Thursday, March 30, 2006

Taking Superman for Grant-ed

Without a doubt, All Star Superman is the most remarkable comic that DC has published in at least a decade.

If someone had told me, when DC announced their All Star line, that I would end up loving the Grant Morrison-Frank Quitely Superman title and abhoring the Frank Miller-Jim Lee Batman & Robin, The Boy Wonder title, I would have dismissed them as insane.

It turns out that's exactly what's happened, though. Miller totally missed the point of creating an All Star line, while Morrison got it spot on. These books should be quintessential books, incorporating all the elements of these characters that have become part of the popular culture consciousness; this is not a book that should destroy all that has been done before in order to try to imprint an iconoclastic creative vision onto an established character who has become an indelible part of our cultural psyche.

Morrison has captured the vitality and enthusiasm of the Silver Age, the exuberance of an unlimited-budget superhero film, while giving the whole project a contemporary air. And Quitely's art conveys a modern visual sensibility while paying homage to the traditional Superman that has become well known to all. There's nothing here that violates the visual that people have when you say "Superman," but somehow it's even bigger and more energetic when Quitely puts it on paper.

One customer told me, "I rarely buy DCs and I never buy a Superman book, but this cover just makes you want to read the book to see what's going on!" Julius Schwartz, Mort Weisinger, and all those Silver Age editors would be proud...

And Charles called me today to say that it was without a doubt the best Superman book he had read in a long, long time. Charles wasn't just pleased--he was enthusiastically happy about the book. It's the sort of book you want to force into the hands of people who say, "I don't read Superman."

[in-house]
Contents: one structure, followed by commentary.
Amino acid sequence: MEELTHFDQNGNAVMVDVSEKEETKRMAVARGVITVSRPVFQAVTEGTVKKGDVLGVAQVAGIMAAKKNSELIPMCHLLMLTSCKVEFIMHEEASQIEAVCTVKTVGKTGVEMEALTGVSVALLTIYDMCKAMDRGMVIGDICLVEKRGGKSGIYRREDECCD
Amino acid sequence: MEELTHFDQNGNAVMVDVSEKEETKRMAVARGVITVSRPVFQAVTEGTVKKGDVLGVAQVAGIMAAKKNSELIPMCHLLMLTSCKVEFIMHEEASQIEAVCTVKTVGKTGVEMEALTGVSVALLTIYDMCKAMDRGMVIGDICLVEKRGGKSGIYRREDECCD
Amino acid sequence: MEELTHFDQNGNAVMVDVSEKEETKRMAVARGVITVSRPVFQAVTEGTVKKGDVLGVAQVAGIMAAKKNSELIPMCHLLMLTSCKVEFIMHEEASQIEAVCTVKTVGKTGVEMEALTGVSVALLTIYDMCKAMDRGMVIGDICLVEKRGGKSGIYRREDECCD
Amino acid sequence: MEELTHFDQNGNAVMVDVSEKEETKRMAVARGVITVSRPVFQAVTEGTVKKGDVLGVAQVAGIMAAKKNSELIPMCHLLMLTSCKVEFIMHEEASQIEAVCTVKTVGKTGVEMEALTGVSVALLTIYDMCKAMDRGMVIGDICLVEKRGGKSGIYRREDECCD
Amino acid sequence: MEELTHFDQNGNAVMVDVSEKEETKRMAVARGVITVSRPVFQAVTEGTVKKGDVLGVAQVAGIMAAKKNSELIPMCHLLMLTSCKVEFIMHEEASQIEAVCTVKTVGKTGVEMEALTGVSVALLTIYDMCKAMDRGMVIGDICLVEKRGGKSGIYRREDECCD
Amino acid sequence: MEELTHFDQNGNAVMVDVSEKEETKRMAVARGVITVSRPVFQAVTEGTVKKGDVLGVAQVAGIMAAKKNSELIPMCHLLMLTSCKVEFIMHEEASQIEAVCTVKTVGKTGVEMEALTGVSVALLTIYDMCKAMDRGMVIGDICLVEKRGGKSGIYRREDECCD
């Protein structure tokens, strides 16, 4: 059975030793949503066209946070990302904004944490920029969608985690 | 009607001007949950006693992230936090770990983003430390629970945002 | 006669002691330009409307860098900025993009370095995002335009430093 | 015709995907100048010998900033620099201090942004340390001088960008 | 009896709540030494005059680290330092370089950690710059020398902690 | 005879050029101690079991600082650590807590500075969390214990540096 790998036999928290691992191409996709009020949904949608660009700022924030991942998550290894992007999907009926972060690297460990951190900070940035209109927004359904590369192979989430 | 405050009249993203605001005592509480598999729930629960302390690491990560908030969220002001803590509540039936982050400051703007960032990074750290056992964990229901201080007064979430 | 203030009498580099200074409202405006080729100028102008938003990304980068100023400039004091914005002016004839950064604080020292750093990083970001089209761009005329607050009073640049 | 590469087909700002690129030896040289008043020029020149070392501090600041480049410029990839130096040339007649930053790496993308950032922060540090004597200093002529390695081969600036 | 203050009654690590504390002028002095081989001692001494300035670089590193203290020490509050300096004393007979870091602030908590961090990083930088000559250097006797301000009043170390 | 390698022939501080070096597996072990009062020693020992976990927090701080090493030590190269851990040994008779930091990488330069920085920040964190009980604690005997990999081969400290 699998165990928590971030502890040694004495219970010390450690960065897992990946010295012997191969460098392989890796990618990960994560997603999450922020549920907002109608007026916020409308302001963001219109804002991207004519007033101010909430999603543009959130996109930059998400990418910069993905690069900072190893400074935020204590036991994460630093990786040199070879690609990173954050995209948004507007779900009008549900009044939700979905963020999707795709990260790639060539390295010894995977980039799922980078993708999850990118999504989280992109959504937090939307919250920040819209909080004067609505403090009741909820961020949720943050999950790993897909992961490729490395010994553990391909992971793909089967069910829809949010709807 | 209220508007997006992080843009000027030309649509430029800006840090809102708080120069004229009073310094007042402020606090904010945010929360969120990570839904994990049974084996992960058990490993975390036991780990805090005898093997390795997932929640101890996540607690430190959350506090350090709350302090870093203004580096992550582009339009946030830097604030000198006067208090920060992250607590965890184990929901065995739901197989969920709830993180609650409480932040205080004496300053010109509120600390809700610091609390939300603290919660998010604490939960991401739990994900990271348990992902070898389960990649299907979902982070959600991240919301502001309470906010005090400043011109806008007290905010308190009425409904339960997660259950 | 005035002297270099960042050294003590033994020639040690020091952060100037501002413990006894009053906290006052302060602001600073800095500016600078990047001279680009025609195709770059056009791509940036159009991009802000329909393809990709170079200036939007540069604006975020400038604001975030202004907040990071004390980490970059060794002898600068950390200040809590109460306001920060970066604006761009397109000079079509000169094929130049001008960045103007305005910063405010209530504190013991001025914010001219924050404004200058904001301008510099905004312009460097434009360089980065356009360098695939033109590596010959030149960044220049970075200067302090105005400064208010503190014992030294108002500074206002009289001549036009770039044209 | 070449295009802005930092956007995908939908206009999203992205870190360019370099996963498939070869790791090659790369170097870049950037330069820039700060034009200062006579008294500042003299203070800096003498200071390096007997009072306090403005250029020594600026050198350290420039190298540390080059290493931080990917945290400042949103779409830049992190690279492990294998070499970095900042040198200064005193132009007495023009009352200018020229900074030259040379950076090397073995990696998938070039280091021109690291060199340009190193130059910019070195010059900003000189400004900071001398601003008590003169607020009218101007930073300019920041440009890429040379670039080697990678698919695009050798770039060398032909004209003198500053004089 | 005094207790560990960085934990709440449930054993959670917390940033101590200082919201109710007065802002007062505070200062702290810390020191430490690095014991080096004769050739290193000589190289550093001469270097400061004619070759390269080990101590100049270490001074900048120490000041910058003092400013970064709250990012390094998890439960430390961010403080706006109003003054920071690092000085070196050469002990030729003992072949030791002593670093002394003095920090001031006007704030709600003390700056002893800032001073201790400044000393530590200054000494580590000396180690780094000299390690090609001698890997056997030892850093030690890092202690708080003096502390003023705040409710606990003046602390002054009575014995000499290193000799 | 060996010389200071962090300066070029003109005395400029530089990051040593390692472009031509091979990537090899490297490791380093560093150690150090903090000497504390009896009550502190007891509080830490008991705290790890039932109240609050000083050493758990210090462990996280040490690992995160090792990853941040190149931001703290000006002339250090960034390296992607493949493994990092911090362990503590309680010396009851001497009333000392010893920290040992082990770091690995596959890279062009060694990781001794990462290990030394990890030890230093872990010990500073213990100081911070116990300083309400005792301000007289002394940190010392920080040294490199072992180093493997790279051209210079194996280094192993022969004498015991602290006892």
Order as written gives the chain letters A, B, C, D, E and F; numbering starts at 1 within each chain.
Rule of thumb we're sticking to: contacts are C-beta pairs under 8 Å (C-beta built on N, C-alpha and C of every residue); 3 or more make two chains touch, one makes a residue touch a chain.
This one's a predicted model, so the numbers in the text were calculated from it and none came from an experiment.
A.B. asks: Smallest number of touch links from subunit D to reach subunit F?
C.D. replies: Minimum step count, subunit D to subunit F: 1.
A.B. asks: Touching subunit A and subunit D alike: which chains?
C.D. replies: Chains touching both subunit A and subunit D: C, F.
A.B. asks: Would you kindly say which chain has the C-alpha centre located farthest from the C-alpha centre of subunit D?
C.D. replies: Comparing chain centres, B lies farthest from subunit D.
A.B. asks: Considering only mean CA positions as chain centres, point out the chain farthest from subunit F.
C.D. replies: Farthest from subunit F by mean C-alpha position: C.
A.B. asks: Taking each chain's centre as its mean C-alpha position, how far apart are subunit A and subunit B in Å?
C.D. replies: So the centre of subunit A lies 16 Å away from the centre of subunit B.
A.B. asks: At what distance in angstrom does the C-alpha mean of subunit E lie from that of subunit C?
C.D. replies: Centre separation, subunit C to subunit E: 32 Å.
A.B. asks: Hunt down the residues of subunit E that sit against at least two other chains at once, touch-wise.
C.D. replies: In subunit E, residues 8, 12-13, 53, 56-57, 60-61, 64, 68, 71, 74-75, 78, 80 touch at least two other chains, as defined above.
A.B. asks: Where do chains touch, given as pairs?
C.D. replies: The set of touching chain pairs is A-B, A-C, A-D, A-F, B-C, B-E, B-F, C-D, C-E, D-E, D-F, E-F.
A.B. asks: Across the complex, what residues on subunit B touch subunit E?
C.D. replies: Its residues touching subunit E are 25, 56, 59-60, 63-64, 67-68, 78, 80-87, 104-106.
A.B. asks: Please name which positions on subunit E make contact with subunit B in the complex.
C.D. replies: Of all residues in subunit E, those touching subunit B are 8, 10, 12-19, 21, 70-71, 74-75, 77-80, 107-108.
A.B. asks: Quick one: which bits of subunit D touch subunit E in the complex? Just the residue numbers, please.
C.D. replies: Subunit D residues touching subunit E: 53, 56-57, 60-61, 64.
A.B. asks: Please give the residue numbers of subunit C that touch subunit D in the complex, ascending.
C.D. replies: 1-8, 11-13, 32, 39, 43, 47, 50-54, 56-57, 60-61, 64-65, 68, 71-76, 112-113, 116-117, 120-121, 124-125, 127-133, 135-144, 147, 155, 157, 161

(I hope someone forces Frank Miller and editor Bob Schreck to sit down, read the first three issues of this series over and over for several hours, and then make them figure out what Miller could be doing to capture the same sense of wonder in the pages of All Star Batman & Robin, The Boy Wonder. From any other writer, the book would just be bad; from Frank Miller, it's an embarrassment because we all know what he's capable of...)

2 comments:

Doug said...

Mr. B - I agree. The first few issues of this comic have been nothing short of stellar. Morrison taps into the scientific, inquisitive reporter's mind of Superman and runs wild with it, while also putting his kindness and fortitude on display, as well.

Quitely's one of the few artists that demand you examine his panels with more than a passing glance. His art is such a part of what's making this work.

Also enjoying Busiek and Woods on the mainline Superman/Action Comics titles. One Year Later is looking to be a lot of fun.

Matt Guerrero said...

Honestly: are we sure what Frank Miller is capable of anymore?
All-Star is atrocious.
But I think it's his attempt to just 'give the fans what they want'; whereas Grant has seemingly grasped onto the brilliant idea of, I don't know: telling a friggin' story.
But comparing Grant to anyone else in comics is, for me anyway, very hard to do. It's not fair to the other students to grade on a curve that sharp. He brings a level of emotional resonance to All-Star that I can't imagine anyone else doing. Or at least doing well.
And Frank Quitely's just the best. That's all. The best.